Wednesday, September 3, 2008

New Categories

Joe Bageant's "anonymous political consultant" is subsequently and insightfully cited in a more recent post, and again points out how the "elite consensus" is forged by vilifying and excluding the "backward" elements of society - those who are not (yet) economically or socially liberated enough. In a great rip-roaring piece of analysis, he notes the deafening absence of objections by the proponents of "personal responsibility" when it comes to the public covering of losses incurred by the power elites of our economic system, and of the inviolability of the practice of externalizing "socializing costs" in the worldview of this class:

The elite consensus on these issues is solidly to the right of public opinion. This is especially the case on the issues of trade and globalization. Support for supposed free markets, free trade and globalization are almost universal and unquestioned within elite circles.

This is the establishment issue, all else can be argued and debated but to question the system of privatized profit and socialized cost is the fastest road to political oblivion for any candidate for national office.

Within the confines of elite consensus no cost is ever too exorbitant in "reassuring" Wall Street and "calming the financial markets". No better example of this than the prompt and generous response of the Federal Reserve and the Congress to the recent financial crisis in the housing markets. With hardly any opposition the United States Government nationalized the losses which resulted from the bursting of the housing bubble. There where no calls of prosecution, lectures on personal responsibility, fears of creeping socialism or demands for conditional structural adjustments from bankers and investment houses. The scandal in fact is not the crime in this case, which is to be expected, but in the silence of the public and the political class to this public thievery.


My one objection to this analysis is the claim that we can classify such economic mandarins as members of "the Right" (I don't think it was the capitalists who were sitting on the right side of the French Parlement when discussions preceding the French Revolution were taking place. Recall that Turgot was wildly admired by the philosophes, and was one of the great 18th-century proponents of progress, economic growth - and centralization. He understood well that economic growth necessitated the existence of a strong and centralized State to flatten and consolidate those lumpy parts of society - the original "corporations" - that might stand in the way of public and private power. For more on this general point, read Grant McConnell's classic book Private Power and American Democracy. Better still, try to digest Bertrand de Jouvenel's classic On Power, which refutes the idea that the revolutionaries were seeking to displace a centralized regime. Theirs was a project of State centralization.). What Bageant's consultant considers to be to the Right, however, is what is called "liberalism" in Europe. It is only a fluke of history - the common opposition of a coalition of disparate worldviews to the communism - that gave rise to the widespread trope that economic liberals should be considered as constituents of "the Right." The consultant's earlier commentary, linking these economic liberals to the cultural Left is apropos: the liberation of self from all restraints of tradition and custom required, and is based upon, the initial artillery attack of an internationalizing commercial system. This coalition of the willing, seemingly separated into opposing parties but joined by a worldview, is masterfully obscured by our broken political categories.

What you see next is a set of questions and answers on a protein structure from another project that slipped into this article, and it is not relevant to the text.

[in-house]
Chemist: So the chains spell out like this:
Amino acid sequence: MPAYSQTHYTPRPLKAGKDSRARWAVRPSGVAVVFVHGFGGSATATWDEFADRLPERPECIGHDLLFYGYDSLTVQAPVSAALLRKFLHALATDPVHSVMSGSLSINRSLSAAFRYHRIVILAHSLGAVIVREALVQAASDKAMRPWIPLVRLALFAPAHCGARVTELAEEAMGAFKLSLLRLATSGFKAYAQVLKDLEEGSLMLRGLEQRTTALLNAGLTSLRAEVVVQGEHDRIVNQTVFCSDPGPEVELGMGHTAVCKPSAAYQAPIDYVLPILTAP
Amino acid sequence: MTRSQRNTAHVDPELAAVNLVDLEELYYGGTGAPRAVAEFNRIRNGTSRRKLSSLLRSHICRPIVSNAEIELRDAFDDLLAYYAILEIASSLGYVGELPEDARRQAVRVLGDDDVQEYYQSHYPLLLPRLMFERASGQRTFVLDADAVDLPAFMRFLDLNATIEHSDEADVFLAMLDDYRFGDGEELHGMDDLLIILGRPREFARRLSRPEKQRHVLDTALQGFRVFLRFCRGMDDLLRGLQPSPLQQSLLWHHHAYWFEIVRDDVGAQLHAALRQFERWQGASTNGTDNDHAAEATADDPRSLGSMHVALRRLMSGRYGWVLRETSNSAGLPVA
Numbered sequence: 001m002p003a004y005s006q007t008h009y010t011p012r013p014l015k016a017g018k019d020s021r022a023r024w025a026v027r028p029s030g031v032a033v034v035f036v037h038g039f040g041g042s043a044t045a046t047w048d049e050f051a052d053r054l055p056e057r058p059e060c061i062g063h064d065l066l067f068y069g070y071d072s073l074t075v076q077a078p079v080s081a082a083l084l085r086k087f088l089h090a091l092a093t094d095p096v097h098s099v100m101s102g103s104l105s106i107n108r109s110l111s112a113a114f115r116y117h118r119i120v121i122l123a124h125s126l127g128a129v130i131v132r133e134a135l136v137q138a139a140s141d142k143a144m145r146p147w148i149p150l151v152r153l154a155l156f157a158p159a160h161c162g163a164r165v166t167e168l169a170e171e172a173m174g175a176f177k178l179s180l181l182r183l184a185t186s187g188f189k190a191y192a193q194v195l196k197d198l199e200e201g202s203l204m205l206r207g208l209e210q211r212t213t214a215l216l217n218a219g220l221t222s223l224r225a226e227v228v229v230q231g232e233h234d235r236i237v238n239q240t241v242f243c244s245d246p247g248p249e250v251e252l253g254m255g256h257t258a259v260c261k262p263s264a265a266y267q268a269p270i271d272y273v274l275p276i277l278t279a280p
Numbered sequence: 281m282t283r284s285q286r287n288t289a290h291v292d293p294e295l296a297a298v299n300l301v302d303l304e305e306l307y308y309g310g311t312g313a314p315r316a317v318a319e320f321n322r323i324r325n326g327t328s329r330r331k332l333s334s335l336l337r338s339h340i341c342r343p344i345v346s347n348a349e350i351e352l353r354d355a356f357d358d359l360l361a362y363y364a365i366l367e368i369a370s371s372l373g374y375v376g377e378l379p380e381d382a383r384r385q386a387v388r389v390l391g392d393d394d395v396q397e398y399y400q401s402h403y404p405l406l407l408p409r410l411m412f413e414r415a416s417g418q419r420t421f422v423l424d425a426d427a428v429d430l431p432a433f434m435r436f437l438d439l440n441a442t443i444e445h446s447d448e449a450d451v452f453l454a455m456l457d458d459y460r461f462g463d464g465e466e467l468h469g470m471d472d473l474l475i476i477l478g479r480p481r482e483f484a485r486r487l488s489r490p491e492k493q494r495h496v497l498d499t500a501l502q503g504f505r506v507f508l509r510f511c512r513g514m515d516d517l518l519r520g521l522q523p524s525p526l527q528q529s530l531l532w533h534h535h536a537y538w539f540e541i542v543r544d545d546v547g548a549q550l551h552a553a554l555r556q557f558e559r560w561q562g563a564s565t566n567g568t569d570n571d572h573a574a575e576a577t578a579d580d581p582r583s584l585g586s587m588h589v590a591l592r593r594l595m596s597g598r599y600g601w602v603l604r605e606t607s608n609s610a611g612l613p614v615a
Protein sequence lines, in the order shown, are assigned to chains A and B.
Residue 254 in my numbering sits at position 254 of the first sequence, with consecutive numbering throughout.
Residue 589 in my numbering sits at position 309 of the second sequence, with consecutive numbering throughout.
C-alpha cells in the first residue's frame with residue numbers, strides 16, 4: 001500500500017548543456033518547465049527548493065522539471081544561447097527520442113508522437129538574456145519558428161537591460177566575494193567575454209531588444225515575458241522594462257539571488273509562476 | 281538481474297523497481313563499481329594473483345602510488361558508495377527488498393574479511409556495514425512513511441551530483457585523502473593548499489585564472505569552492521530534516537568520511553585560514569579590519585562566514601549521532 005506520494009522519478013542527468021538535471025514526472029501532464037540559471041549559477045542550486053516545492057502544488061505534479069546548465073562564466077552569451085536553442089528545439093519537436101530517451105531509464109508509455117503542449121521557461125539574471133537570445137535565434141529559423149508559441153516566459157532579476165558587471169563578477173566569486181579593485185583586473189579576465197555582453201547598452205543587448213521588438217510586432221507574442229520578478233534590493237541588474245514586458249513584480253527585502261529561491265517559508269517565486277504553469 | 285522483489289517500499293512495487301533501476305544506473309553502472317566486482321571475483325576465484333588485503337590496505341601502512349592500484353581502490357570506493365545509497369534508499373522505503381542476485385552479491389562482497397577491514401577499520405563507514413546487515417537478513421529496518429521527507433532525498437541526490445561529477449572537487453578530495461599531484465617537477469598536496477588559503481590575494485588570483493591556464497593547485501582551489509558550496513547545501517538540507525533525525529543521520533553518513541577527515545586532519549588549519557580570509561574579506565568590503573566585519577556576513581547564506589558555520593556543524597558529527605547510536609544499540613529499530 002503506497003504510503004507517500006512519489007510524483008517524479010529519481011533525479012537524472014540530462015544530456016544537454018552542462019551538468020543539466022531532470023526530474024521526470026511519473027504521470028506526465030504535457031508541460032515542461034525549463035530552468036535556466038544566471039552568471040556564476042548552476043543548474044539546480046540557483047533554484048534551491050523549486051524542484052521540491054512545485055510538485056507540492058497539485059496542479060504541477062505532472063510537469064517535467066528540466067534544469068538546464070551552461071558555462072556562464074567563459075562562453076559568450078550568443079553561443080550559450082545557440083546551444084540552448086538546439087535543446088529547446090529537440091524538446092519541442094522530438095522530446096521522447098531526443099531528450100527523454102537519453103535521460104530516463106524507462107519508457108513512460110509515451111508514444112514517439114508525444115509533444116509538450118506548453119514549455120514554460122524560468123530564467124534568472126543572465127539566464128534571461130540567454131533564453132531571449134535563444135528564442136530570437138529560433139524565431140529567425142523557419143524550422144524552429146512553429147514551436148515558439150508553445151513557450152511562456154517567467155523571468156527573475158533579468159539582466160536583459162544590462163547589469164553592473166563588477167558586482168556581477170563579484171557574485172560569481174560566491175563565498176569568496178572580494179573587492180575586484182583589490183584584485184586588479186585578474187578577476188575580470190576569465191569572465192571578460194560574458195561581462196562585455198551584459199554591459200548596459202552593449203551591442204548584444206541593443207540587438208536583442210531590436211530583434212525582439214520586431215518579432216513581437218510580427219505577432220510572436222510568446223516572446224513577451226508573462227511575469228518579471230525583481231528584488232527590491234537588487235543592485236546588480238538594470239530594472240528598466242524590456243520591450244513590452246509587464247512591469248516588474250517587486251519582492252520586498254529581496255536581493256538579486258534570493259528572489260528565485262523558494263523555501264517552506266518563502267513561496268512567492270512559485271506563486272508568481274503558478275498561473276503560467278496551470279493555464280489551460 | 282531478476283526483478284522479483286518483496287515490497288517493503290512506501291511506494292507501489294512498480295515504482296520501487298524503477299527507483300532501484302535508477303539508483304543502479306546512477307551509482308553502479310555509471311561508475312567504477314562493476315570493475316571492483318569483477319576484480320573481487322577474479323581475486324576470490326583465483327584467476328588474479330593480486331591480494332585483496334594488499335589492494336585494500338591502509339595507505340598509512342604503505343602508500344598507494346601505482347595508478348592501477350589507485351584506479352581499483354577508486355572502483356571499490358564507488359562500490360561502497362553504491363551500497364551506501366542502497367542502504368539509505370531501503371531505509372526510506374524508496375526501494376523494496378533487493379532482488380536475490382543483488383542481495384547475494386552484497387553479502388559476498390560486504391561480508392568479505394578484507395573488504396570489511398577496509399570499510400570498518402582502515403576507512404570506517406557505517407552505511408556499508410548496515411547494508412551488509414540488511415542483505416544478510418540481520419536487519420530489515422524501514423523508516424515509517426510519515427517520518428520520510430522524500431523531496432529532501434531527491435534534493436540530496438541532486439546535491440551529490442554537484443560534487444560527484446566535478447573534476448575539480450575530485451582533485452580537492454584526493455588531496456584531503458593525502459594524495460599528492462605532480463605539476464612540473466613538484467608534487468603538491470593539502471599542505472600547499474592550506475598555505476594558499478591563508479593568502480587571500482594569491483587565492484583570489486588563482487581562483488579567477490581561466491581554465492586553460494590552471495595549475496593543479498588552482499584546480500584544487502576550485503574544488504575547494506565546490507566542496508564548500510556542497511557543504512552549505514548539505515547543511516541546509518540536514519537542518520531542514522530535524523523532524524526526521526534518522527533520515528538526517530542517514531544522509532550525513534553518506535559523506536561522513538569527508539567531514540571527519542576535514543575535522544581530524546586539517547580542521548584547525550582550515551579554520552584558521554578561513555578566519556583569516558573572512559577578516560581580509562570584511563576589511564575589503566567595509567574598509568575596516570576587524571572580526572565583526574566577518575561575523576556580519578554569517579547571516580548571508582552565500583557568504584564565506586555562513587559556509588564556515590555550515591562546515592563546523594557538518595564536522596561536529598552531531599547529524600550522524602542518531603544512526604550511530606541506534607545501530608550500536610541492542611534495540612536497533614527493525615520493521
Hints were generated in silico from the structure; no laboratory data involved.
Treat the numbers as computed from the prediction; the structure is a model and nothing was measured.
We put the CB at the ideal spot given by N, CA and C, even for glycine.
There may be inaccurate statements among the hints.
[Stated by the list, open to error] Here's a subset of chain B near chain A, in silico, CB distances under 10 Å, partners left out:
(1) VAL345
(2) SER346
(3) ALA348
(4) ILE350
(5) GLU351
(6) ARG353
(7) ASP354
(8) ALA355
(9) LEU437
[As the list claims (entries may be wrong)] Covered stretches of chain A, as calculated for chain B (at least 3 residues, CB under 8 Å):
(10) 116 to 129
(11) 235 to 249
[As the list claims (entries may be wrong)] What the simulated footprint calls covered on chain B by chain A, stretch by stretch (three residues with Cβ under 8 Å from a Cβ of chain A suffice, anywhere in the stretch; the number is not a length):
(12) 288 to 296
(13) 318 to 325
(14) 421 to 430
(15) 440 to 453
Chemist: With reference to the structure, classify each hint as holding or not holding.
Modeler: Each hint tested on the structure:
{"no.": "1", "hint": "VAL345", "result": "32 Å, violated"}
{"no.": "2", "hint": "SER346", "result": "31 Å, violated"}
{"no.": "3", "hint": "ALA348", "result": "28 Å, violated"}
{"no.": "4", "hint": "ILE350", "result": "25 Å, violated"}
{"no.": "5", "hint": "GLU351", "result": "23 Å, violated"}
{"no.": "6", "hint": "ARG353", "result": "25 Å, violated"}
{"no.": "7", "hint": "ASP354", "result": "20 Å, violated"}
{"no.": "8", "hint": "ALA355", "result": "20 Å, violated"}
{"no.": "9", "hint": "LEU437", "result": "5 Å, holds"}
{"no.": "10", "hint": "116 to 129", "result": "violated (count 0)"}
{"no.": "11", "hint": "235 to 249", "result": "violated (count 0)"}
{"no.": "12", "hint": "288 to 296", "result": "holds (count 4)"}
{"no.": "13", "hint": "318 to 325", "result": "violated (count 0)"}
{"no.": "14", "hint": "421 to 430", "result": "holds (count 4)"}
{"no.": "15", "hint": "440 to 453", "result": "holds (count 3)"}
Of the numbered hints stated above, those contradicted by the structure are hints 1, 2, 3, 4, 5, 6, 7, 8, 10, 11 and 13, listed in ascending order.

Bill Kauffman gets to the heart of the barrenness of these categories in his rousing speech before the Ron Paul Un-convention. I hold no particular flame for Paul, and I think Bill (like Ron Paul) is too willing to critique the Empire (rightfully) without noting the depredations that our private, corporate Empires exert on the small towns and local customs that he extols. But there's much here to admire - beginning with a quote from one Wendell Berry (who is better on the recognizing the role of an expansionist economy in destroying cultures), which appropriately receives a shout-out from the Kentucky delegation. I couldn't agree more with his call to re-think our basic political categories, and am cheered that a growing chorus of voices are calling for just this.

Part One:



And Part Two:



Hat tip, Rod Dreher - nice tag teaming...

2 comments:

robert said...

Good man, Mr. Kauffman. His blindspot re unrestrained economic power, though, is yet another symptom of the barrenness of the political categories he's speaking against. It's really too bad (and very frustrating) that the Libertarian Party has been so successful in convincing those who have caught a glimpse of what our system has become that they are THE alternative to centralized power. Mr. Kauffman, like many good folks who claim the Libertarian label, are clearly no such thing. They're populists and subsidiarists.

robert said...

A much shorter piece with a similar argument to McConnell's and de Jouvenel's books is Bill Cavanaugh's essay "A Fire Strong Enough to Consume the House: The Wars of Religion and the Rise of the State." It deconstructs the Enlightenment's claim to being our savior from irrationality and religious violence and, fairly convincingly, argues that the wars of religion were actually the birth pangs of the centralization of state power.